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10 small parts that have a great impact on car performance

important little parts عملکرد خودرو

When we talk about a car, we're actually looking at a system where each of its components is working to achieve a goal that is driving

When we talk about a car, we’re actually looking at a system where each of its components is working to achieve a goal that is driving. Each of the parts and components of a car has its own task and if one of them does not work properly, it interferes with the function of the all system; hence all the components and parts of an automobile are important and their applications should not be ignore in the cars. In this short article, we going to introduce 10 small parts that have a great impact on car performance that you never thought would make your car become a useless object without them!

Alternator

Alternators are used in modern automobiles to charge the battery and to power the electrical system when its engine is running. If the alternator is damaged, the battery warning light will first be illuminated and after a while, the car will be stop because the car battery’s life is usually not long lasting.

Axle shaft

An axle is a central shaft for a rotating wheel or gear. On wheeled vehicles, the axle may be fixed to the wheels, rotating with them, or fixed to the vehicle, with the wheels rotating around the axle. In the former case, bearings or bushings are provided at the mounting points where the axle is supported. In the latter case, a bearing or bushing sits inside a central hole in the wheel to allow the wheel or gear to rotate around the axle. Sometimes, especially on bicycles, the latter type axle is referred to as a spindle.

Steering Column

The PCM is the electronic brains of your car. The steering column is topped with the steering wheel, which of course lets you guide the car precisely down a highway at full speed, or to quickly dodge a deer that jumps out onto the road. But the steering column is also a hub for other important car controls.

Fuel pump

A fuel pump is a frequently (but not always) essential component on a car or other internal combustion engine device. Many engines (older motorcycle engines in particular) do not require any fuel pump at all, requiring only gravity to feed fuel from the fuel tank or under high pressure to the fuel injection system. Often, carbureted engines use low pressure mechanical pumps that are mounted outside the fuel tank, whereas fuel injected engines often use electric fuel pumps that are mounted inside the fuel tank.

Clutch

For the uninitiated, the clutch is the part of the car that is moved from gear to gear. While you can only see the pedal at work while you’re driving, these plates are out of sight and working hard to keep you driving smoothly.

Spark Plug

The spark plug is what you use to get the car started. It uses an electric spark to ignite fuel in the engine’s ignition chamber.

Flywheel

Flywheel is a mechanical battalion use for storing rotational energy. The anchor wheels have high idle torques and thus resist rotational speed variations. The amount of energy stored in an anchor with a second power is proportional to its rotational speed. To transfer energy to an anchor, they apply that torque, which increases the rotational speed and consequently increases the energy stored therein; and in reverse, the anchor can transfer circulating energy to a mechanical load, which reduces the rotational velocity It will be.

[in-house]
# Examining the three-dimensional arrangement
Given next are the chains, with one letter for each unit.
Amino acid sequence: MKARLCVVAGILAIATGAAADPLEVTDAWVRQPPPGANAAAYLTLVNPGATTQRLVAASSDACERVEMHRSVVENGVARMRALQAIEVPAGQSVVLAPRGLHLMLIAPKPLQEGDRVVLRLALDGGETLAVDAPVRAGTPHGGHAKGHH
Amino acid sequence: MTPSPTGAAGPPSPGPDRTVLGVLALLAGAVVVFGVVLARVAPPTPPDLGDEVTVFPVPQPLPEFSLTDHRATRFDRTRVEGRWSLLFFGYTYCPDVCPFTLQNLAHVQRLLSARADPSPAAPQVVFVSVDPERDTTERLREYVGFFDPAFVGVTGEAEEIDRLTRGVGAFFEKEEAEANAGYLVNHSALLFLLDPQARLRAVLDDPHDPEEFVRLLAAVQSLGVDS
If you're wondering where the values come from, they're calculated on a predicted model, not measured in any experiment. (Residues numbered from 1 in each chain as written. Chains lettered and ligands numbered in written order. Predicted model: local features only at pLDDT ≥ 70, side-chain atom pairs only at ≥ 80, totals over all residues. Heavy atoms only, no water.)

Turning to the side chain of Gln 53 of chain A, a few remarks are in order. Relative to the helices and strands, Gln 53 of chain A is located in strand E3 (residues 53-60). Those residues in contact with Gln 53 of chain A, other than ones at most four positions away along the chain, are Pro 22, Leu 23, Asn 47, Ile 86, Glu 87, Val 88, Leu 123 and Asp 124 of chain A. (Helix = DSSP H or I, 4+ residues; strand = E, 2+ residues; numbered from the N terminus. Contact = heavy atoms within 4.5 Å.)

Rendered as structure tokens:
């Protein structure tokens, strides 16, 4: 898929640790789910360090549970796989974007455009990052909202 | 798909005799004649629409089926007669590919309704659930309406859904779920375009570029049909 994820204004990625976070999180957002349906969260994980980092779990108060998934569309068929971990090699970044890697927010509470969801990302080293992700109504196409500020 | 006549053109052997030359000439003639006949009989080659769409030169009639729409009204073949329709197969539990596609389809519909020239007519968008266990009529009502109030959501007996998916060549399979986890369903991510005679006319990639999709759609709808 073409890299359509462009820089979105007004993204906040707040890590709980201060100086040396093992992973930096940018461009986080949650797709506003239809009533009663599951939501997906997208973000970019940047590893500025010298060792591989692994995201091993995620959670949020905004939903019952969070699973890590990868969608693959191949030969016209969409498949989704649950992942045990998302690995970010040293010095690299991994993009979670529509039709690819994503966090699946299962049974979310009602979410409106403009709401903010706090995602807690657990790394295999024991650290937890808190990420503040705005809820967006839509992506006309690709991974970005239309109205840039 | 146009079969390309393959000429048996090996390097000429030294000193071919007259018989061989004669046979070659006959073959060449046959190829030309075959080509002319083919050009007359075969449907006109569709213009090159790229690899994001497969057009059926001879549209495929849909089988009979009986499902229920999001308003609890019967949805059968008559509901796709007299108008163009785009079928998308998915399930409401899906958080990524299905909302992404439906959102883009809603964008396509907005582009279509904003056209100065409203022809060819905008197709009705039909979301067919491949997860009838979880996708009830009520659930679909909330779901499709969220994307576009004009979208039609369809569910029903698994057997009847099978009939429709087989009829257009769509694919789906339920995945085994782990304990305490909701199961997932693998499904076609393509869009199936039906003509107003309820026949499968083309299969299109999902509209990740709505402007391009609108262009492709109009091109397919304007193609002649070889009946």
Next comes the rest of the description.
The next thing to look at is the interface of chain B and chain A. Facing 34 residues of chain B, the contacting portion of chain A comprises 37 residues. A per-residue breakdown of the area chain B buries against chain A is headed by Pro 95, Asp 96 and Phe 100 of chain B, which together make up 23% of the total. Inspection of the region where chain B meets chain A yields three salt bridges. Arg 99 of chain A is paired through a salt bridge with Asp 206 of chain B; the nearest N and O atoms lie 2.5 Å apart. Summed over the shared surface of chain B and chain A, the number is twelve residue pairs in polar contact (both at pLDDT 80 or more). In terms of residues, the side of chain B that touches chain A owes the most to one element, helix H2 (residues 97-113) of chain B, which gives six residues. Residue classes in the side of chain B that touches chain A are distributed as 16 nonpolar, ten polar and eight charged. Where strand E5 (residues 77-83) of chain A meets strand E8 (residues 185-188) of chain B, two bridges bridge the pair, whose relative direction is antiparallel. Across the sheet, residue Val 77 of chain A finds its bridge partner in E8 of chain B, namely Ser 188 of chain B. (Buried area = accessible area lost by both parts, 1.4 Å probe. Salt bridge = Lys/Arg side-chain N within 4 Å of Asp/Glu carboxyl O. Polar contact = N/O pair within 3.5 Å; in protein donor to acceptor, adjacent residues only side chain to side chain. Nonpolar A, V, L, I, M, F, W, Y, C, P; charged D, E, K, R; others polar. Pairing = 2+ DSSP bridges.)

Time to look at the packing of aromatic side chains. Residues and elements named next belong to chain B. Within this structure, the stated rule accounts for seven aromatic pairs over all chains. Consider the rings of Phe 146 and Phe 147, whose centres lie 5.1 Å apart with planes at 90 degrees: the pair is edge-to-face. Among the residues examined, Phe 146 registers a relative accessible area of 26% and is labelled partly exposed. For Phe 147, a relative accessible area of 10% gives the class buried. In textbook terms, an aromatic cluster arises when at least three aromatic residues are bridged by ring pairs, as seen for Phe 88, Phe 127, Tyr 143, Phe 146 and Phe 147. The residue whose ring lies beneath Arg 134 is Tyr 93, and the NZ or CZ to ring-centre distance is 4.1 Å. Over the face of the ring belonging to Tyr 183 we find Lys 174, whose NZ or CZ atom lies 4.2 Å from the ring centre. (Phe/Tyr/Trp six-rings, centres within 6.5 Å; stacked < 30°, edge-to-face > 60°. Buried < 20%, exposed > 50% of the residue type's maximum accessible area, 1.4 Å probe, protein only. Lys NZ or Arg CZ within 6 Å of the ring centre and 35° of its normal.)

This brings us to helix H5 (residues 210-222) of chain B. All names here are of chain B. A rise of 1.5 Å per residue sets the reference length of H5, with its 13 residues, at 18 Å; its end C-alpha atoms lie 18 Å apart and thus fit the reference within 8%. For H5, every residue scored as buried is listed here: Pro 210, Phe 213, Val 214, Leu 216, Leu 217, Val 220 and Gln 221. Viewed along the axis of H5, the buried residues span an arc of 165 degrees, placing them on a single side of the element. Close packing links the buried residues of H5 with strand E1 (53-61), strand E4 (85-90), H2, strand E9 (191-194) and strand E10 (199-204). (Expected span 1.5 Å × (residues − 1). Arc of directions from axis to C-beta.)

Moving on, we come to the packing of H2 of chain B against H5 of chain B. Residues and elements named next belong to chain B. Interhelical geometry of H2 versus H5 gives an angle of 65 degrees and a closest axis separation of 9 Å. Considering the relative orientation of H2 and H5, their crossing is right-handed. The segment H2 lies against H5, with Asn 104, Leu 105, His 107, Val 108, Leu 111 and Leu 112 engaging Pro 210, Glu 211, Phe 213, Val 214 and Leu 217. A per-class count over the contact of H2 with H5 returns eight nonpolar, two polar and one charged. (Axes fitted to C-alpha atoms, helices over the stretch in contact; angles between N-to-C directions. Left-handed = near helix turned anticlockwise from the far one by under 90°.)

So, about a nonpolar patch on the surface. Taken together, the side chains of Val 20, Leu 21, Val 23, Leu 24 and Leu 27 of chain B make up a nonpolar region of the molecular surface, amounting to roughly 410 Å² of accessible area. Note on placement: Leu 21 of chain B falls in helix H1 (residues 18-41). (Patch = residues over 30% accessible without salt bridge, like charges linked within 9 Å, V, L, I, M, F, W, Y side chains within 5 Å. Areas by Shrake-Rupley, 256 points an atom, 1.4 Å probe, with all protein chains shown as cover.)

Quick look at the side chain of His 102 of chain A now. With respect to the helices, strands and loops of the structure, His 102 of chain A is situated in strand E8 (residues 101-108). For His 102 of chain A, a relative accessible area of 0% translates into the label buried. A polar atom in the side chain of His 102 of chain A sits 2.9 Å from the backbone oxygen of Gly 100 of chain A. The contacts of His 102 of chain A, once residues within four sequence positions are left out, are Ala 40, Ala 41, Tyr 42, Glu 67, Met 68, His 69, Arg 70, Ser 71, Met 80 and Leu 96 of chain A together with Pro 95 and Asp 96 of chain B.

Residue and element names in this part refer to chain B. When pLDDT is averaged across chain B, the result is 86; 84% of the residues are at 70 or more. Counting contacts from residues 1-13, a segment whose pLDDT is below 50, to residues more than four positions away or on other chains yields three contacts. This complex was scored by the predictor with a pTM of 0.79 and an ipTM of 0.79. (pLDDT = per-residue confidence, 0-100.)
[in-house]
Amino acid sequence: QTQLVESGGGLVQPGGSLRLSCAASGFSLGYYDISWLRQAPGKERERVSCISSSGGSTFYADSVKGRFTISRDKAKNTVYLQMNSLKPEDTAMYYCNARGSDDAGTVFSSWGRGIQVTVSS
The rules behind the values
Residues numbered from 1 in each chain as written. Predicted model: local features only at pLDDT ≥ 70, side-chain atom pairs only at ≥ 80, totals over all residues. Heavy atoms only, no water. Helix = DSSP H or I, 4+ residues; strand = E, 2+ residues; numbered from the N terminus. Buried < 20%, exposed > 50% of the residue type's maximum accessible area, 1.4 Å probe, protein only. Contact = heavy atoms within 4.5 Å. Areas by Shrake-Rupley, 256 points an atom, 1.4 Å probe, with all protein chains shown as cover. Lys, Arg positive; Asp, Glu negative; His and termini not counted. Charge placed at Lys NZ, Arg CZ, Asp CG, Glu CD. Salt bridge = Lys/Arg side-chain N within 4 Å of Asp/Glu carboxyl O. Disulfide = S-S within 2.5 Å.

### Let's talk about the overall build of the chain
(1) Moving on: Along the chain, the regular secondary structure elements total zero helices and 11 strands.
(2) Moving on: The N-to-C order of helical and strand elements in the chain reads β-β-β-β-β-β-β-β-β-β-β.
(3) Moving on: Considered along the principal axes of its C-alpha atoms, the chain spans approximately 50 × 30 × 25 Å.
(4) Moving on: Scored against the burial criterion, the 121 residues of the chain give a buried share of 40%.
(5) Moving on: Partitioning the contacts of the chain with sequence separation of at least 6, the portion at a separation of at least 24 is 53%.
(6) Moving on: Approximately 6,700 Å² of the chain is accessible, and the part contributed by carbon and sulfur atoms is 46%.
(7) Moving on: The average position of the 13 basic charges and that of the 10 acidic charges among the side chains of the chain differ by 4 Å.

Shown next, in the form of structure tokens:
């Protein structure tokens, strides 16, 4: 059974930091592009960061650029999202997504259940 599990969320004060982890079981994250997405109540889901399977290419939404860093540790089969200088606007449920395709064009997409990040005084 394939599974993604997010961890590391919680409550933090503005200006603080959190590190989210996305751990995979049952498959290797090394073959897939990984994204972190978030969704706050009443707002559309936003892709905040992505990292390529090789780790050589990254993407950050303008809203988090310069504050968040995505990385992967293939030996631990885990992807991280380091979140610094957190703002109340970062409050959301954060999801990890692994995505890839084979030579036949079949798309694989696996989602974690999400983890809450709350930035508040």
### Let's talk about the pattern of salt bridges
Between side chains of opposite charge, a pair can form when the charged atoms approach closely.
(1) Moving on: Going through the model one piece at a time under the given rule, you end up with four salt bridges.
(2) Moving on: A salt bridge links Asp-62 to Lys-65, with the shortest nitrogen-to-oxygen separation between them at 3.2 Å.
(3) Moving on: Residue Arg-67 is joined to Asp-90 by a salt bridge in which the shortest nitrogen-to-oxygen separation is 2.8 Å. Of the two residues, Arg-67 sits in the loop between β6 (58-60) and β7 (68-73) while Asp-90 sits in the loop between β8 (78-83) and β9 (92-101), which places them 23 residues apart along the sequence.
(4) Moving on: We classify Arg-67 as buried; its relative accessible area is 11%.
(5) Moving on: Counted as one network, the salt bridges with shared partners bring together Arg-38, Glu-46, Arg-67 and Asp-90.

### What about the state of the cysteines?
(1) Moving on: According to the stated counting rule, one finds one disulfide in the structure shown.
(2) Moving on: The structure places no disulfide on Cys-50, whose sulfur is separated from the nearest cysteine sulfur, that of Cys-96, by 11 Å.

Head gasket

A head gasket is a gasket that sits between the engine block and cylinder head(s) in an internal combustion engine. Its purpose is to seal the cylinders to ensure maximum compression and avoid leakage of coolant or engine oil into the cylinders; as such, it is the most critical sealing application in any engine, and, as part of the combustion chamber, it shares the same strength requirements as other combustion chamber components.

Crankshaft

It is a shaft which transmits the power developed by the engine to the various parts of the vehicle. Crankshaft is typically connected to a flywheel to reduce the pulsation characteristic of the four-stroke cycle, and sometimes a torsional or vibrational damper at the opposite end, to reduce the torsional vibrations often caused along the length of the crankshaft by the cylinders farthest from the output end acting on the torsional elasticity of the metal.

ECU

An engine control unit (ECU), also commonly called an engine control module (ECM), is a type of electronic control unit that controls a series of actuators on an internal combustion engine to ensure optimal engine performance. It does this by reading values from a multitude of sensors within the engine bay, interpreting the data using multidimensional performance maps (called lookup tables), and adjusting the engine actuators accordingly. Before ECUs, air-fuel mixture, ignition timing, and idle speed were mechanically set and dynamically controlled by mechanical and pneumatic means.

Camshafts

A camshaft is a shaft to which a cam is fastened or of which a cam forms an integral part. In internal combustion engines with pistons, the camshaft is used to operate poppet valves. It consists of a cylindrical rod running the length of the cylinder bank with a number of oblong lobes protruding from it, one for each valve.